Congress Needs to Fix Campaign Giving Rules
By Martin Frost
June 6, 2012 —
President Barack Obama, Chicago Mayor Rahm Emanuel, who used to work for Obama in the WhiteHouse, and it seems like just about everyone else have blamed the Supreme Courtfor the rulings that opened up our political system to unlimited, unreportedcontributions to super PACs by corporations, unions and wealthy individuals.
That's not the entire story, however.
Ten years ago, when Congress was considering the McCain-Feingold campaignfinance reform legislation, a handful of Congress members - including Rep. TomDavis, a Virginia Republican, and me - tried to warn our colleagues that theywere opening Pandora's box. But they refused to listen.
I was then-chairman of the House Democratic Caucus and Davis was chairman of the National RepublicanCongressional Committee. But still, we didn't prevail.
Common Cause was leading the drive for campaign finance reform, with help fromthe editorial pages of The New York Times and The Washington Post.
The reasoning went something like this: There is too much money in ourpolitical system, so we need to change the law to outlaw "soft money"contributions to the two major political parties. Soft money was defined ascorporate funds, union dues money and large contributions from individuals.Both the national Democratic and Republican parties and their respectivecongressional campaign committees could accept soft money - but only forcertain purposes, and all contributions were fully reportable.
The reformers argued that this sea of soft money was corrupting the politicalprocess.
Those of us who questioned their efforts argued that it was better to have thismoney go directly to the two political parties rather than spent by outside groupsthat were not responsible to the parties. We further argued that the partiestend to be centering forces in our political system - and our system workedbecause contributions had to be fully reportable.
But we were essentially shouted down by the "reform" community and by ourcolleagues. They didn't want to be bothered by the details - and didn't want tobe painted as being anti-reform.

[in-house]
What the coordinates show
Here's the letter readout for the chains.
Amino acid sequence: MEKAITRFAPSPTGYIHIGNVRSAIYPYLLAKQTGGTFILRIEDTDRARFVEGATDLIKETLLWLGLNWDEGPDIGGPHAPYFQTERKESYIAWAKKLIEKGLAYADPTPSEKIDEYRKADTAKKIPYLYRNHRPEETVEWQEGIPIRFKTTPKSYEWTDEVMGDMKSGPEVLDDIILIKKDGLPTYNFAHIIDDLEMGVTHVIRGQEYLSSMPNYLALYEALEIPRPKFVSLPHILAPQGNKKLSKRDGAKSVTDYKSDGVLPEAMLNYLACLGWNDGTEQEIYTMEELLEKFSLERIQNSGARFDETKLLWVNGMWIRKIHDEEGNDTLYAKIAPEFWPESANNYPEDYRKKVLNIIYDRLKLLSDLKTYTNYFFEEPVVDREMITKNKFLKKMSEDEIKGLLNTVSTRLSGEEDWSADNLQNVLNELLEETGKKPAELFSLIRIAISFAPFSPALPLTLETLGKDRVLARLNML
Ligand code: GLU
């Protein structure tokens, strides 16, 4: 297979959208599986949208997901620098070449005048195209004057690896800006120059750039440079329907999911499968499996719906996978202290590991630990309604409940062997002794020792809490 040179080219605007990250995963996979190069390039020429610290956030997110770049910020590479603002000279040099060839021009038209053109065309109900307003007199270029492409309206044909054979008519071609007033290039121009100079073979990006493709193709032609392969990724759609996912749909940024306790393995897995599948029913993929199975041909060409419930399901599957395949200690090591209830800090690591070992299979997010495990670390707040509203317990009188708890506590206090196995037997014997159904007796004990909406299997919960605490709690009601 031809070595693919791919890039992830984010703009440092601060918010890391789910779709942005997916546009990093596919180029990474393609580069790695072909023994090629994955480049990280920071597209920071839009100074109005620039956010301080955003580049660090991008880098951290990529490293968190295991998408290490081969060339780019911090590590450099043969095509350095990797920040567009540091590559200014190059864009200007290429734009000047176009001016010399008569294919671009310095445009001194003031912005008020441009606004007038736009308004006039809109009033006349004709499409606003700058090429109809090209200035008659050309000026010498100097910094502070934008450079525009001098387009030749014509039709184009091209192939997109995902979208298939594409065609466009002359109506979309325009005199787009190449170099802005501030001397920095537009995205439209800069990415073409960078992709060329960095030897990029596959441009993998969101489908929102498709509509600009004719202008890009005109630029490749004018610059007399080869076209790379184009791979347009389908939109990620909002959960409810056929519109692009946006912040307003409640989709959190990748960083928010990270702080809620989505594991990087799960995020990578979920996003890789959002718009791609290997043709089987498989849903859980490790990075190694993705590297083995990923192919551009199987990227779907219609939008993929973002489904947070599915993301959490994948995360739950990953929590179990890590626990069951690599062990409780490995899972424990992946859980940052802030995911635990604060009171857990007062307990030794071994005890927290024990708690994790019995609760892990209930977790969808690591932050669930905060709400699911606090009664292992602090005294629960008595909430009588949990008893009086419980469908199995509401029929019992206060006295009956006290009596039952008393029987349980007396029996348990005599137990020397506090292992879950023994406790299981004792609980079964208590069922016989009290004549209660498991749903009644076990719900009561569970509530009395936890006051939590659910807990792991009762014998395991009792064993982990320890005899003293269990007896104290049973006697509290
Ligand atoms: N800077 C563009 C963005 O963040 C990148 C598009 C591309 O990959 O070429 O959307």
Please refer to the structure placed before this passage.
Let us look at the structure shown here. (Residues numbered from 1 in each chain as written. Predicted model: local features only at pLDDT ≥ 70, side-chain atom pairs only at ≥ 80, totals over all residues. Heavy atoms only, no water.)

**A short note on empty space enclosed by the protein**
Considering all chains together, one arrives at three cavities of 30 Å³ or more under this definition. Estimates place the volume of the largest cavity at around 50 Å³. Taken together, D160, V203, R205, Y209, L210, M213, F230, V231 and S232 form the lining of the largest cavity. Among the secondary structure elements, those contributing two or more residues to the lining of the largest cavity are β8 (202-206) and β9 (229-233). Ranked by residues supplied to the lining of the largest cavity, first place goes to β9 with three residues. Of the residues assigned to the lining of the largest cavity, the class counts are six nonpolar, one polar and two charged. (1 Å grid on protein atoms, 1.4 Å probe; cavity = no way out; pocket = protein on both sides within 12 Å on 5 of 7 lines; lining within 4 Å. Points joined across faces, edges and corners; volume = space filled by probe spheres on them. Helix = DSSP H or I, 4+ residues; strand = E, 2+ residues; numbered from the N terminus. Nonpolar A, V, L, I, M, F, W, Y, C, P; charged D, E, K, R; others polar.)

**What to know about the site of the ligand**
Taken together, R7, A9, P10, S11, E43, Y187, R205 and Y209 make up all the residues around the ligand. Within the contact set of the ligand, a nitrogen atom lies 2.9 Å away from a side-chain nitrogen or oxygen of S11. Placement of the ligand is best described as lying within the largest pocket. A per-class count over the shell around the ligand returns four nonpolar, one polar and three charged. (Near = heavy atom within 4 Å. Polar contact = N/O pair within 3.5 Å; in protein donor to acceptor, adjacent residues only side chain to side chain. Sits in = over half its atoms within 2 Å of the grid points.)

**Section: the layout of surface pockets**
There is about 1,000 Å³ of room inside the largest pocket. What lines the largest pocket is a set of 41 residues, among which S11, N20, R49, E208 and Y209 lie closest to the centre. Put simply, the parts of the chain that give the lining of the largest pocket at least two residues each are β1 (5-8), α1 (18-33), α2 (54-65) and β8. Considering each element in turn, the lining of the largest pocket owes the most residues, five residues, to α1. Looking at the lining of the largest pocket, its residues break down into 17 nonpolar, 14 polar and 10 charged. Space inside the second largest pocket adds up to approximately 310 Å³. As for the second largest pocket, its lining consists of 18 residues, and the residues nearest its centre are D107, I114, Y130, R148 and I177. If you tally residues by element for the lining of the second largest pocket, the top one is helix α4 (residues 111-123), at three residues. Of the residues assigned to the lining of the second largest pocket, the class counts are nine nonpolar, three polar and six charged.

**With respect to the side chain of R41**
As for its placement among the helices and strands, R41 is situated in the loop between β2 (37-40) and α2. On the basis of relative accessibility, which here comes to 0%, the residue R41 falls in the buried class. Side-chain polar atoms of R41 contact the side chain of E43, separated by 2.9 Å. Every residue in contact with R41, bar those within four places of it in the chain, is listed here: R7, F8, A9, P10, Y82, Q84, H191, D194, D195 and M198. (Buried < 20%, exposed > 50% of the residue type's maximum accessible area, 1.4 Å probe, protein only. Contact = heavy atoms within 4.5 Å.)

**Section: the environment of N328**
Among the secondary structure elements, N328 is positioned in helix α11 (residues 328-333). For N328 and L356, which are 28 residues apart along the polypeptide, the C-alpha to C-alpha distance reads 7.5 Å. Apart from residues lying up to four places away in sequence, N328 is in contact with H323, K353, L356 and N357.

I, for one, had specific conversations with members of the reform community. Iraised the prospect that money now being given to political parties would flowto nonregulated outside groups, which would usurp the parties' role anddominate the political dialogue.
The reformers responded that they had taken care of this by banning TV andradio advertising by outside groups within 60 days of a general election and 30days of a primary.
I asked what would happen if the federal courts invalidated these 60-day and30-day bans. They assured me that their lawyers had insisted the provisionswere constitutional. Guess what? Their lawyers were wrong.
This was foreseeable. The Supreme Court, in a series of decisions dating to the1970s, had held that money equals speech and the spending of money on campaignsis protected under the First Amendment.
So, here we are. Under the guise of free speech, we have neutered our twopolitical parties. Instead, we have given free rein to outside groups todominate the dialogue during campaigns.
What is the remedy? There are only two.
One would be to amend the Constitution, giving Congress the power to regulatespending by these outside groups. Amending the Constitution is hard - but wemight see a groundswell of support if things got bad enough.
The other remedy would be for Congress to pass a law again permitting politicalparties to accept these type of contributions - as long as they were fullyreported and used for only certain purposes, like get-out-the-vote drives.
Let's hope sanity eventually prevails. But it does no good just to blame theSupreme Court. Congress shares that blame.
Martin Frost served in the House from Texas, 1979 to 2005, andwas Democratic Caucus chairman and head of the Democratic CongressionalCampaign Committee. He is now an attorney with Polsinelli Shughart.